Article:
Project Report

Describing a medical school’s rural activity footprint: setting selection and workforce distribution priorities


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Lara Fuller
1 FRACGP, Director of Rural Medical Education * ORCID logo

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Jessica Beattie
1 MHHSM, Lecturer in Rural General Practice ORCID logo

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Vincent L Versace
2 PhD, Director ORCID logo

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Gary Rogers
3 PhD, Dean ORCID logo

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Matthew R McGrail
4 PhD, Head, Regional Training Hubs Research ORCID logo


1 Rural Community Clinical School, School of Medicine, Deakin University, PO Box 713, Colac, Vic. 3250, Australia

2 Deakin Rural Health, School of Medicine, Deakin University, Princess Hwy, Warrnambool, Vic. 3280, Australia

3 School of Medicine, Deakin University, Locked Bag 20000, Geelong, Vic. 3220, Australia

4 Rural Clinical School, The University of Queensland, Rockhampton, Qld 4700, Australia

ACCEPTED: 28 March 2024

early abstract:

Context: There is growing evidence supporting a shift towards ‘grow your own’ approaches to recruiting, training and retaining health professionals from and for rural communities.  To achieve this, there is a need for sound methodologies by which universities can describe their area of geographic focus in a precise way that can be utilised to recruit students from their region and evaluate workforce outcomes for partner communities.
Deakin University operates a Rural Health Multidisciplinary Training (RHMT) program funded Rural Clinical School and University Department of Rural Health, with the purpose of producing a graduate health workforce through the provision of rural clinical placements in Western and South-western Victoria. The desire to establish a dedicated Rural Training Stream within Deakin’s Doctor of Medicine course acted as a catalyst for us to describe our ‘rural footprint’ in a way that could be used to prioritise local student recruitment as well as evaluate graduate workforce outcomes specifically for this region.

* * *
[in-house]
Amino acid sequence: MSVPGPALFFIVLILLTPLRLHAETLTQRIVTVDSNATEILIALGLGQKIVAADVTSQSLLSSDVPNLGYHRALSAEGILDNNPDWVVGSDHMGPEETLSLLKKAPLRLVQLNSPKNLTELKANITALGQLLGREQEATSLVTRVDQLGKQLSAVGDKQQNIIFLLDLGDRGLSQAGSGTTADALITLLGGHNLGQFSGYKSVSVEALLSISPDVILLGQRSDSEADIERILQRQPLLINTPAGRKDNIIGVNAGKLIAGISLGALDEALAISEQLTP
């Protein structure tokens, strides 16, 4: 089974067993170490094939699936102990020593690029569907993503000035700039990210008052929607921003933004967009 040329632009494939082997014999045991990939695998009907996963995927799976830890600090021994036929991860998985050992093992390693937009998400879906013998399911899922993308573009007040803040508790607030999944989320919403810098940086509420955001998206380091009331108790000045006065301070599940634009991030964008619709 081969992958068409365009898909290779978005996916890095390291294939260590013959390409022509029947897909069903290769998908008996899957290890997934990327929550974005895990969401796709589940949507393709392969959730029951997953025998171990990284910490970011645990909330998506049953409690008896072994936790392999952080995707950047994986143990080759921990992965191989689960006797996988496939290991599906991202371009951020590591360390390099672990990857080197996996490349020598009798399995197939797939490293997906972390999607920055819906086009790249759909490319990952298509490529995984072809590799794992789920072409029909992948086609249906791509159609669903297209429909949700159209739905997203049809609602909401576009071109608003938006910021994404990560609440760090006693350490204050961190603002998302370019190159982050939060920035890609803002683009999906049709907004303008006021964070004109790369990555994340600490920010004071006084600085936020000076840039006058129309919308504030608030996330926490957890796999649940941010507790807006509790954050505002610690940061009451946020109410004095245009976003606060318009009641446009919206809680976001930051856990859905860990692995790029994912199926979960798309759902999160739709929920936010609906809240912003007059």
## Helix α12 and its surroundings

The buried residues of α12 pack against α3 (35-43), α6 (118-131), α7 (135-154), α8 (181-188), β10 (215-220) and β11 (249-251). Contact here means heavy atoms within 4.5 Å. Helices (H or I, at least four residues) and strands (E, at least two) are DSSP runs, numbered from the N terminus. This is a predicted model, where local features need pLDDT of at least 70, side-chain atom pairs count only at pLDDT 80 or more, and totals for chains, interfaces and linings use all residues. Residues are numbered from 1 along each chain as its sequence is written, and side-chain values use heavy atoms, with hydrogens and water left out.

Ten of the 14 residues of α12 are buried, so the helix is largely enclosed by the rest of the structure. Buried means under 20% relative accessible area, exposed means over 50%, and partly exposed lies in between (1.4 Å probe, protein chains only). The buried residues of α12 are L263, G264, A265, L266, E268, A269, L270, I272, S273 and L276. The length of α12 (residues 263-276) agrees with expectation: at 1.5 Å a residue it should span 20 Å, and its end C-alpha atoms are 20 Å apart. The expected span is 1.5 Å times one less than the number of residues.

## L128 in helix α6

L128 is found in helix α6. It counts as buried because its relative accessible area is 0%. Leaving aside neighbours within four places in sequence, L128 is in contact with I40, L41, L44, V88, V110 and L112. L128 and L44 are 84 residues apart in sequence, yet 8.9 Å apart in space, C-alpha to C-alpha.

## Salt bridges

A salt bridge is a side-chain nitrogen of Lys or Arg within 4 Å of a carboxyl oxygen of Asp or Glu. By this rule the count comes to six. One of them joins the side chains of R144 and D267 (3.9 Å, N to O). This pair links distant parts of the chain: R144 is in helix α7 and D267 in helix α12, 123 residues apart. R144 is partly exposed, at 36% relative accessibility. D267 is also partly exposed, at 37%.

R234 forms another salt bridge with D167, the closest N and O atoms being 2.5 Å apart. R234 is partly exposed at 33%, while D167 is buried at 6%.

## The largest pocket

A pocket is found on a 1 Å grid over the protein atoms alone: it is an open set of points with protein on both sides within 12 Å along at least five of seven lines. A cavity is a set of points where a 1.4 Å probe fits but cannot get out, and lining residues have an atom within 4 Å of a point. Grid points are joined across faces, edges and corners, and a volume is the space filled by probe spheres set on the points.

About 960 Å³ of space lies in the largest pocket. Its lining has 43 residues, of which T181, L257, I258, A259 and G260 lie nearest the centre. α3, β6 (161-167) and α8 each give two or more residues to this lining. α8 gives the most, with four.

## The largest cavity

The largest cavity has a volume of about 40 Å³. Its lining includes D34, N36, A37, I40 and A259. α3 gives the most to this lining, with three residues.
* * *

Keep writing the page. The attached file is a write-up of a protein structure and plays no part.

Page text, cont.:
Issue: In Australia, selection of rural students has relied on the Australian Statistical Geography Standard Remoteness Areas (ASGS-RA) or Modified Monash (MM) Model to assign rural background status to medical course applicants, based on a standard definition provided by the RHMT program.  Applicants meeting rural background criteria may be preferentially admitted to any medical school according to admission quotas or dedicated rural streams across the country.  Until recently, evaluations of graduate workforce outcomes have also used these rurality classifications, but often without reference to particular geographic areas. Growing international evidence supports the importance of place-based connection and training, with medical graduates more likely to work in a region that they are from or in which they have trained.  For universities to align rural student recruitment more strategically with training in specific geographic areas, there is a need to develop precise geographical definitions of areas of rural focus that can be applied during admissions processes.
Lessons learned: As we strived to describe our rural activity area precisely, we modelled the application of several geographical and other frameworks, including the MM, ASGS-RA, Primary Healthcare Networks (PHN), Local Government Areas (LGAs), postcodes and Statistical Areas.  It became evident that there was no single geographical or rural framework that: (i) accurately described our area of activity, (ii) accurately described our desired workforce focus, (iii) was practical to apply during the admissions process.  We ultimately settled on a bespoke approach using a combination of the PHN and MM to achieve the specificity required. This report provides an example of how a rural activity footprint can be accurately described and successfully employed to prioritise students from a geographical area for course admission.  Lessons learned about the strengths and limitations of available geographical measures are shared.  Applications of a precise footprint definition are described including student recruitment, evaluation of workforce outcomes for a geographic region, benefits to stakeholder relationships and an opportunity for more nuanced RHMT reporting.
Keywords: universities, rural, medical, graduates, health workforce, Rural Health Multidisciplinary Training, grow your own, rural footprint, social accountability, place-based education